Opening and closing hours are from 8 am to midnight (last entry at 10 pm)
64 km of the City of San Juan, in the town of Vallecito, department of Caucete, is the Sanctuary of the Difunta Correa. From the City of San Juan, Route 20 connects with Route 141 and brings you closer to this sanctuary, which can also be accessed by foot or bicycle along the "Pilgrim Path", which has rest areas with barbecues, benches and tables. In addition, the Vallecito bus company has daily departures from the Bus Terminal Station in San Juan.
For many years now, the popular myth of Deolinda Correa has been transmitted by word of mouth and today it is represented in a sanctuary where the faith and beliefs of a whole community are expressed.
Deolinda Correa was a woman who started a long walk on foot with her little son. Deolinda prepared enough supplies to walk from San Juan to La Rioja, where her husband was imprisoned.
The characteristic sun of San Juan and the lack of water caused Deolinda to never reunite with her great love. She died of thirst in the deserted San Juan road. However, a miracle happened: her son survived. Even after dead, she continued to breastfeed her baby.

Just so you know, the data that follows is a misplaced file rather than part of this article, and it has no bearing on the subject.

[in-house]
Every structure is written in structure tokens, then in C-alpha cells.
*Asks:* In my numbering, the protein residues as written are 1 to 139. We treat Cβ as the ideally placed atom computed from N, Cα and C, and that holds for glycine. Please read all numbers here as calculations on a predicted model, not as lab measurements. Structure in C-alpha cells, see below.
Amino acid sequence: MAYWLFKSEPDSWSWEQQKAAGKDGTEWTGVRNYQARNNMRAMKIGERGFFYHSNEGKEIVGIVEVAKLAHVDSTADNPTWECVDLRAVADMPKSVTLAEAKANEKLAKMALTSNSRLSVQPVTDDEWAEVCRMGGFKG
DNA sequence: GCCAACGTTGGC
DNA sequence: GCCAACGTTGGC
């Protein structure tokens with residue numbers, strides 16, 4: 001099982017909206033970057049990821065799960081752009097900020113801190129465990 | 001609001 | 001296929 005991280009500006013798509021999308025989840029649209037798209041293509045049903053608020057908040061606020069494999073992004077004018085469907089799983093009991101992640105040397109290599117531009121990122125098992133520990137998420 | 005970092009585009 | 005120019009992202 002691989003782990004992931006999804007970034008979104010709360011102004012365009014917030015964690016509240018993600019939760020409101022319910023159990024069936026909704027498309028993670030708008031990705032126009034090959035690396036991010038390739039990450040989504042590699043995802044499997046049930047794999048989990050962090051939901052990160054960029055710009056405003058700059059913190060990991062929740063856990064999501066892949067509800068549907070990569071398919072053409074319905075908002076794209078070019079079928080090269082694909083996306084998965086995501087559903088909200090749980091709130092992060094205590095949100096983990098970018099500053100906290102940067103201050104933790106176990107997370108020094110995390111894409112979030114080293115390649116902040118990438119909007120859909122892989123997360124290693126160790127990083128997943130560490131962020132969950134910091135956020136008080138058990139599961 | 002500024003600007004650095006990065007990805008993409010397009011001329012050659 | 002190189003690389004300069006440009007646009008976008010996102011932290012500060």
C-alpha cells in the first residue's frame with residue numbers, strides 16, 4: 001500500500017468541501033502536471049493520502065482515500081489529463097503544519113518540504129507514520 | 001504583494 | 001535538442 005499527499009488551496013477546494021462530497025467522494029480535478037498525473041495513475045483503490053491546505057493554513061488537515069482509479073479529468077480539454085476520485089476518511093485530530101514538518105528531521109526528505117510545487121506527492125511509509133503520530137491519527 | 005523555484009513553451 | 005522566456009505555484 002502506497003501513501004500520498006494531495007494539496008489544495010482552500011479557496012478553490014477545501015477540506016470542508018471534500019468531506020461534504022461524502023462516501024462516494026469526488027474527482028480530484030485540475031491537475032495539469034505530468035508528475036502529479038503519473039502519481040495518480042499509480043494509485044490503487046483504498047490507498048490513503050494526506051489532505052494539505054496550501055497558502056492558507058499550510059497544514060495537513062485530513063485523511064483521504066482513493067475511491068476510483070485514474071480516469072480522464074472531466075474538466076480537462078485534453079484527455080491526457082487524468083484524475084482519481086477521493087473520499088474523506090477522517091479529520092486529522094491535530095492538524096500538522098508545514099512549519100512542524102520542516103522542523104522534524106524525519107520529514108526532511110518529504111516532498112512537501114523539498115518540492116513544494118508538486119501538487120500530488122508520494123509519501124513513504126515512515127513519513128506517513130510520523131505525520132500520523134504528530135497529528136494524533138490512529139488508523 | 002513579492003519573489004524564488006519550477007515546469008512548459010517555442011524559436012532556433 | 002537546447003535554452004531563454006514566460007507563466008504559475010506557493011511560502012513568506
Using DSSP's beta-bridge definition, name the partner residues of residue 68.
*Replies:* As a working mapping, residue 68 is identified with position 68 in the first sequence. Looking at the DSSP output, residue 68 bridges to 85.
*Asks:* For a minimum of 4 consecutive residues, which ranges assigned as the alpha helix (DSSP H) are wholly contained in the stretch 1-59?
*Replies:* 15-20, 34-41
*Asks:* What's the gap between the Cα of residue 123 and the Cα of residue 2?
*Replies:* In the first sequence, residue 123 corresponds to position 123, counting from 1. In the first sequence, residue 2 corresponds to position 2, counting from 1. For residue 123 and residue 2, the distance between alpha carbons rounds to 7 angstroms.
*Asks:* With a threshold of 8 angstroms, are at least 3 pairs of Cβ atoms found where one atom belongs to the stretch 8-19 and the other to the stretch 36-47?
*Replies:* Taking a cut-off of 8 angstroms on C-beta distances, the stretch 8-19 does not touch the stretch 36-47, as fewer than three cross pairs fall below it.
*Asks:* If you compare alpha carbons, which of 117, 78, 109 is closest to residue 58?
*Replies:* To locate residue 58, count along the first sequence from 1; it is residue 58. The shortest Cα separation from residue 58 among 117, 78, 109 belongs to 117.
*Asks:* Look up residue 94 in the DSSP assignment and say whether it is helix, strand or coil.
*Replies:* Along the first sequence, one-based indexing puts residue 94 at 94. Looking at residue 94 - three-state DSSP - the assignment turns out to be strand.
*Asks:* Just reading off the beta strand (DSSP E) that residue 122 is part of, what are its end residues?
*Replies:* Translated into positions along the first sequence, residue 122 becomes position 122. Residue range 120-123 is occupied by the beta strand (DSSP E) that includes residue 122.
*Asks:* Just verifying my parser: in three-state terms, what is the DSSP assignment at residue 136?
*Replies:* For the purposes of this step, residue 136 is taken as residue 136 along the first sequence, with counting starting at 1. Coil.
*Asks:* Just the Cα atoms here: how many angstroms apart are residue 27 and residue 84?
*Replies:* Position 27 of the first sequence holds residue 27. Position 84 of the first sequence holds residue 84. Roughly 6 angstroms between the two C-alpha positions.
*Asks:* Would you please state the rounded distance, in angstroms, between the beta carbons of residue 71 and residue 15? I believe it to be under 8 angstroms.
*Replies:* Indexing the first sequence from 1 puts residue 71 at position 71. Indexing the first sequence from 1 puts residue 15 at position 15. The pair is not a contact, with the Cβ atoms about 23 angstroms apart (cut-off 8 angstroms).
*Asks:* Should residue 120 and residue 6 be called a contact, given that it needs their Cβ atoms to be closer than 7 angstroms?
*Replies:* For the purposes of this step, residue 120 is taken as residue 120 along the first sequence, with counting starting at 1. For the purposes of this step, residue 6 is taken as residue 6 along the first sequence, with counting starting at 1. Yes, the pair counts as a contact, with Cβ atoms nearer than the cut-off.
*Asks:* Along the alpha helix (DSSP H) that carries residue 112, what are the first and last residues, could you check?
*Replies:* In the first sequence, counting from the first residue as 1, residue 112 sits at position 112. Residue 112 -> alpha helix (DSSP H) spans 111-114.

Today, Difunta Correa is venerated by thousands of followers, who always offer her bottles of water. Some devotees climb the steps kneeling, others walk along the Pilgrim Path to the Sanctuary, while some prefer to bike from Caucete to Vallecito.
This is a must-do in San Juan.
Imagine hundreds of gauchos riding in the name of faith. This happens after the harvest, since 27 years ago without interruption. It is organized by the Gaucho Argentina Confederation and the Gaucho San Juan Federation, with the support of the Government of San Juan.
Two days of half a day of horseback riding, with cultural manifestations, bonfires, typical foods, Cuyo folklore, rites, payadas, and more. This is the end to a gaucho festival in the heart of the sanctuary of the Difunta Correa.
The Achango Chapel brings together an important number of devotees due to its adobe walls, its gabled roof with carob sticks and the earth floor covered by carpets woven on the loom that protect the Virgen del Carmen, brought from Cuzco.
The chapel was built by the Jesuits in the seventeenth century and is located on a hill of the Department of Iglesia, with an ancient bell tower. The tour is free and you can learn about the history of this emblematic place.